Thankfully the Nazis did not win the war and the calculator was never presented to Hitler, however by the time of the camp’s liberation in April 1945 Curt had redrawn and redesigned the Curta from memory.
After liberation Curt approached a company in East Germany with his plans, and three prototypes were made. However Curt became fearful that the Soviets, who controlled East Germany, would forcibly deport skilled workers to Russia. He dismantled the three prototypes and, disguising them as children’s toys, smuggled them to Switzerland. Here, following further efforts to find companies willing to make the calculator, he was approached by Prince Franz Joseph II of Lichtenstein who was keen to modernise his country. The first commercial models came out in autumn 1948 and came in any colour, as long as you wanted black.
The original name of the calculator was intended to be ‘Lilliput’, however following a trade fair in Basel in 1948 one of the companies trade correspondents remarked that the calculator was like the daughter of Curt, ‘when the father is Curt, the daughter has to be Curta’. The name stuck.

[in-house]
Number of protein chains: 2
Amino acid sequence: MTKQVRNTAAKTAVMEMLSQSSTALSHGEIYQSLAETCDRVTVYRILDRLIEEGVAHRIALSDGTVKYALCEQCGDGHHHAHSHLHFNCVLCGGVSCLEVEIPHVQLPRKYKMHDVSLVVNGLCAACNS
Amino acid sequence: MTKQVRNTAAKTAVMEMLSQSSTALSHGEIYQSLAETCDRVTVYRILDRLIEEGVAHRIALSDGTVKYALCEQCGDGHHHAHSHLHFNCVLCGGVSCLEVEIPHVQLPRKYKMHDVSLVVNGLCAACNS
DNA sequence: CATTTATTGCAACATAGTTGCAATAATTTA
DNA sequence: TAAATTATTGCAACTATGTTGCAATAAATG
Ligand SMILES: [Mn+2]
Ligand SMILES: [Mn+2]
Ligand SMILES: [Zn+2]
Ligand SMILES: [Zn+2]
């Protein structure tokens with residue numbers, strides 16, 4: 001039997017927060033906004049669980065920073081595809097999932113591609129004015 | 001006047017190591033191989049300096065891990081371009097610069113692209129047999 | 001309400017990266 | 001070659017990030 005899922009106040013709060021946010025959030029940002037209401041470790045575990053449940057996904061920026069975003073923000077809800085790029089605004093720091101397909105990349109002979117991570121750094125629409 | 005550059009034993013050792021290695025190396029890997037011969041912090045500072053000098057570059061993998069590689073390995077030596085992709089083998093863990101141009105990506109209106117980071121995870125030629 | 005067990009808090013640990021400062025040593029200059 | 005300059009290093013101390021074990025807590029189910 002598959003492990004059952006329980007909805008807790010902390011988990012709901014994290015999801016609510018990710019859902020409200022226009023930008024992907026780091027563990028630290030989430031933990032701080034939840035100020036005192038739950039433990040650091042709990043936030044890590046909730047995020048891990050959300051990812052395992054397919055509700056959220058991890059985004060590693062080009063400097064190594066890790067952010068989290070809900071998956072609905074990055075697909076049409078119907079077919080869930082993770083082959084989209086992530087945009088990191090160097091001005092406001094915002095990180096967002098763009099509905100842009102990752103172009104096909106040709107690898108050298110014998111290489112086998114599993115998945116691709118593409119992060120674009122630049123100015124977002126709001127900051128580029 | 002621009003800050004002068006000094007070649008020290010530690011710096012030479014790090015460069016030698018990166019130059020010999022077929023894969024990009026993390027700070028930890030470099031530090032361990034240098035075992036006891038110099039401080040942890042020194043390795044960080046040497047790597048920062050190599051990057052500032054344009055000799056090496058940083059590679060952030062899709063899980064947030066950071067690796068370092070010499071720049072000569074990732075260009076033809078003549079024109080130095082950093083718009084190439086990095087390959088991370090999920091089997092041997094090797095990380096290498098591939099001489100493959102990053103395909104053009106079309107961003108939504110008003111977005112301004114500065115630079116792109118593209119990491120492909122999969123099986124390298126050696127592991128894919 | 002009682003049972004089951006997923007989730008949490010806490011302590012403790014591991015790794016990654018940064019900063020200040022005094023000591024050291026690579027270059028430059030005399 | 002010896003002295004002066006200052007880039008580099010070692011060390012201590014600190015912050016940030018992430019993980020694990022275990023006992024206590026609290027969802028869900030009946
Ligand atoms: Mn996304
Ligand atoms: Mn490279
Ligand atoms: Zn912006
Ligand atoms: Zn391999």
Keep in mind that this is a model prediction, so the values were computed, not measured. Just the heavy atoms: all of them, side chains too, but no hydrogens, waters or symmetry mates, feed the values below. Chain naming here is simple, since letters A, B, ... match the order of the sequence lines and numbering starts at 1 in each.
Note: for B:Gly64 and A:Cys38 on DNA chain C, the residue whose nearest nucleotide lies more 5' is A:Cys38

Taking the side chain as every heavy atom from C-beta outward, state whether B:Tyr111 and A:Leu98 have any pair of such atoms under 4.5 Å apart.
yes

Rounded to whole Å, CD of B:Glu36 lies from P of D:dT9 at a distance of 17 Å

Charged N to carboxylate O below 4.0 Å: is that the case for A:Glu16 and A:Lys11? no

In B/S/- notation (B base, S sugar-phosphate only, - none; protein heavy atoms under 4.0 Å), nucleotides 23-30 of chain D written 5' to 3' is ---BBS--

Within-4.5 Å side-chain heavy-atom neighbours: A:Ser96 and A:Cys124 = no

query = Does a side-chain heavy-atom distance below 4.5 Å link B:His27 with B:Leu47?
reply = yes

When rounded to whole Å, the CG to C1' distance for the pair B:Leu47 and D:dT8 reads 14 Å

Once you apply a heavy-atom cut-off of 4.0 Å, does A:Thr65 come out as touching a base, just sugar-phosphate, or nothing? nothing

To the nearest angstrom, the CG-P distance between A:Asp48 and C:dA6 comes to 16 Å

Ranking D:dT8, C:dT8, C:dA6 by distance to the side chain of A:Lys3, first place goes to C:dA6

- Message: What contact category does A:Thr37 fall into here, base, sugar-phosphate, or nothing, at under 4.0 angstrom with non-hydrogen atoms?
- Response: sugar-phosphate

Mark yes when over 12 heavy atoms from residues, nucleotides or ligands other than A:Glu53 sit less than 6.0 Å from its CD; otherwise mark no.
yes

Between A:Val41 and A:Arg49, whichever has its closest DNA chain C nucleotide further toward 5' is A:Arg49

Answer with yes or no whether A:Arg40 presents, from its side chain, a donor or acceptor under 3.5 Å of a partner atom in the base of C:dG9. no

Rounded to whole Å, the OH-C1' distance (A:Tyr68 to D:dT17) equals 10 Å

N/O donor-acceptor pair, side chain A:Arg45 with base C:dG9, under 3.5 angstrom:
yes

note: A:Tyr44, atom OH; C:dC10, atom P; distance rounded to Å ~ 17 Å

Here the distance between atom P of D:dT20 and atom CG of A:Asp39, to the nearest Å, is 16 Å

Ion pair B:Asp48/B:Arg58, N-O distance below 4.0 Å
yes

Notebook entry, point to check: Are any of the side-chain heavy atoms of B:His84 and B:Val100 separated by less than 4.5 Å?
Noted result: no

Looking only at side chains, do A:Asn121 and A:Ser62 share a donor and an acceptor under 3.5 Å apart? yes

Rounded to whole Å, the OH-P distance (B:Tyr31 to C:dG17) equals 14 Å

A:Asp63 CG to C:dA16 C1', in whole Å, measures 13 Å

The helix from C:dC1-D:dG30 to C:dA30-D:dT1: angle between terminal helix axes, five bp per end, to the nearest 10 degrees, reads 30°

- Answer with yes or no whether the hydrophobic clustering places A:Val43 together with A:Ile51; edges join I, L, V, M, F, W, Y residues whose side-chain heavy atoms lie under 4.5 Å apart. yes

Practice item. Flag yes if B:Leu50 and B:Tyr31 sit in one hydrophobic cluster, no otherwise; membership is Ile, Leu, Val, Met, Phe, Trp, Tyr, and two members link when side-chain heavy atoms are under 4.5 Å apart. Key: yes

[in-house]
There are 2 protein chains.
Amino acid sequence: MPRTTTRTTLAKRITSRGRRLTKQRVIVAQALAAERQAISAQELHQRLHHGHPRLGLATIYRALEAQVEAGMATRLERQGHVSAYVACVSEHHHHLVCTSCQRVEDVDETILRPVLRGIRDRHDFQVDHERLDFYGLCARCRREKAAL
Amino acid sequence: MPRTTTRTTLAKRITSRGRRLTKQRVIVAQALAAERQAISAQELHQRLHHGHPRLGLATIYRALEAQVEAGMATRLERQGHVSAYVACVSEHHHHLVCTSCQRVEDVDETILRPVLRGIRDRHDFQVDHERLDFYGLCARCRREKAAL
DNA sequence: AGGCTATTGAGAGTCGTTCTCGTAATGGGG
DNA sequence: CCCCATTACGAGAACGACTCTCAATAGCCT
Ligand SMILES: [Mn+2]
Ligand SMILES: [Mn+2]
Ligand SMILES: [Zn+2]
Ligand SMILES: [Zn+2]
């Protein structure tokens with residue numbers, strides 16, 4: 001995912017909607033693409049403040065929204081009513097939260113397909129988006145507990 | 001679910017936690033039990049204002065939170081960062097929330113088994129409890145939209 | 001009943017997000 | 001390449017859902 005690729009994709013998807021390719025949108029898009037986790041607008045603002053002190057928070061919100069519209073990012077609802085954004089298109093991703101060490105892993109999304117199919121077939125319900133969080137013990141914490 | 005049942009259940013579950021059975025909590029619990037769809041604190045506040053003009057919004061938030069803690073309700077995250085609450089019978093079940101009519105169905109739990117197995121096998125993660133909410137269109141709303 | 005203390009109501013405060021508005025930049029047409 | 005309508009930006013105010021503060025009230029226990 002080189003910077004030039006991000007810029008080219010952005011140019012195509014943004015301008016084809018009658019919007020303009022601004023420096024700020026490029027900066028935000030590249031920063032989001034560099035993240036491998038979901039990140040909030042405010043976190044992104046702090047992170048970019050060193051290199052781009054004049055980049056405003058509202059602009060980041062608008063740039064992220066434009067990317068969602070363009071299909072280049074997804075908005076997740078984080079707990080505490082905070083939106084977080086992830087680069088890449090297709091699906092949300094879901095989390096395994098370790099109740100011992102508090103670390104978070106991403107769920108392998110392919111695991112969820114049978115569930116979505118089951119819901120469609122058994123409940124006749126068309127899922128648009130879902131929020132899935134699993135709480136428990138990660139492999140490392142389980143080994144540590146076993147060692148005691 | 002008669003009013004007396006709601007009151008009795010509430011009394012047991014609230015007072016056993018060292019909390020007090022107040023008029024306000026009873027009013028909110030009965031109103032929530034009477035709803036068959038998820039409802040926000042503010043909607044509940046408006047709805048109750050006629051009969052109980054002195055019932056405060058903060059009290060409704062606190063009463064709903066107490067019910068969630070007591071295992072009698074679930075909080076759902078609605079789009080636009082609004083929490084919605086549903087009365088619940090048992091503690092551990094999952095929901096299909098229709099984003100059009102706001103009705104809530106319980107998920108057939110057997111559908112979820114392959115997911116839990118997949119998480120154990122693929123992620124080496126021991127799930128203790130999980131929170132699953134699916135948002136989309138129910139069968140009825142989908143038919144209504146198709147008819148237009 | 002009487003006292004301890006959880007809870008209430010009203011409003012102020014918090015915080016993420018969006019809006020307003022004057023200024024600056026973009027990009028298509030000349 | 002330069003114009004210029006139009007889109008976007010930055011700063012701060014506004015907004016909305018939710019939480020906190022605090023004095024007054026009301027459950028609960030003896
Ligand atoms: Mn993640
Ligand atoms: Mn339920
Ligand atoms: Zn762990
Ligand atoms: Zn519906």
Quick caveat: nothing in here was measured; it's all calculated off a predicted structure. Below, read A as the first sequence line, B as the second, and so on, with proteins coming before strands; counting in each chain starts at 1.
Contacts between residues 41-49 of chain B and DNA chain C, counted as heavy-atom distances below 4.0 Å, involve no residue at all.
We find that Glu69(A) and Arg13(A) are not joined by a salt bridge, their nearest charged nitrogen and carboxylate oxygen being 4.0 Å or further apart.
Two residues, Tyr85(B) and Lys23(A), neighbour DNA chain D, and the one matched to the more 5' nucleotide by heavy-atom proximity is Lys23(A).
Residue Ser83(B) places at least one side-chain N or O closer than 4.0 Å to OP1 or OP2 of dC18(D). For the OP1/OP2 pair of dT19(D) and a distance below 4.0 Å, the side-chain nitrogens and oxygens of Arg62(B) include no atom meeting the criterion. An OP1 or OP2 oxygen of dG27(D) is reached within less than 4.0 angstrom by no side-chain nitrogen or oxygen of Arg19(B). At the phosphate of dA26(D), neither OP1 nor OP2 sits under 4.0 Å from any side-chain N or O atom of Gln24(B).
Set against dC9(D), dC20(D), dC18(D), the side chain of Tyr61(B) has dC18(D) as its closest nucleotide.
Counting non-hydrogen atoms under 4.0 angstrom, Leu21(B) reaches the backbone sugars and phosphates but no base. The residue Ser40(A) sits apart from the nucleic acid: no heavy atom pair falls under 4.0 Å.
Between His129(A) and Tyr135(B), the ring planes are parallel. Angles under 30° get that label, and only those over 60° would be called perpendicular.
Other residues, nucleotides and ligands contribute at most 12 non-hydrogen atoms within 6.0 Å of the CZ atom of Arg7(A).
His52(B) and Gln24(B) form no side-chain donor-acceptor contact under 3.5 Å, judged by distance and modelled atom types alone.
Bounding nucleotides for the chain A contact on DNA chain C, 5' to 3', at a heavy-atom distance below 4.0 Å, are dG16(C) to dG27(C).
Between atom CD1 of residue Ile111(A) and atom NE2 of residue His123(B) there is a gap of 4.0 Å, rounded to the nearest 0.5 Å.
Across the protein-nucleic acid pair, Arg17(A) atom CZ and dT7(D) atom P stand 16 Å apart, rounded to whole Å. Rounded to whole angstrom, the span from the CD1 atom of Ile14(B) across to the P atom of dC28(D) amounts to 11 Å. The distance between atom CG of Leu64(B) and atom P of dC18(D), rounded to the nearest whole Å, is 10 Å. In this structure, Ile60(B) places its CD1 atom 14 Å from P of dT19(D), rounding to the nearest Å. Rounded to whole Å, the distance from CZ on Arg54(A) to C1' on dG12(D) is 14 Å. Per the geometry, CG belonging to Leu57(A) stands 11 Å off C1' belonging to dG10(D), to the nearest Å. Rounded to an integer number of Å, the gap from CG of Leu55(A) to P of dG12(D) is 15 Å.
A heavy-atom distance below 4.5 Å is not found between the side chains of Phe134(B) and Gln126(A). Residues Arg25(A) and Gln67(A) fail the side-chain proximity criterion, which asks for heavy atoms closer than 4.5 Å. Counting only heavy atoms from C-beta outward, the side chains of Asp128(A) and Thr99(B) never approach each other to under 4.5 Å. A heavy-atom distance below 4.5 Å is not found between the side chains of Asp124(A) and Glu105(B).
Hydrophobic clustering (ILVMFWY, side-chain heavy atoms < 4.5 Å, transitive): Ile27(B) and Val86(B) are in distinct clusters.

In total an estimated 140,000 calculators were made between 1948 and 1972 and, although Curt Herzstark resigned as Technical Director of the company he helped found (Cortina AG) in 1951, he continued to be involved with the company for some time.
Curt Herzstark died in 1988.
A great deal of the work on which this blog is based came from a BASc student, Margaux Bricteux, who researched this object as part of her 2nd year module ‘Object Lessons: Communicating Knowledge Through Collections’. The story of Curt Herzstark and the Curta Calculator is a fascinating example of how with a little research an objects history can enrich our understanding of the past, while continuing to resonate in the present and for the future.
Nick Booth is one of the Teaching and Research Collection Curators at UCL.
This blog was updated on 24/02/2016 to correct the source of the first image – Curt Herzstark with one of his calculators.
Image from http://curta.li/03_bilder/01_herzstark_1952.html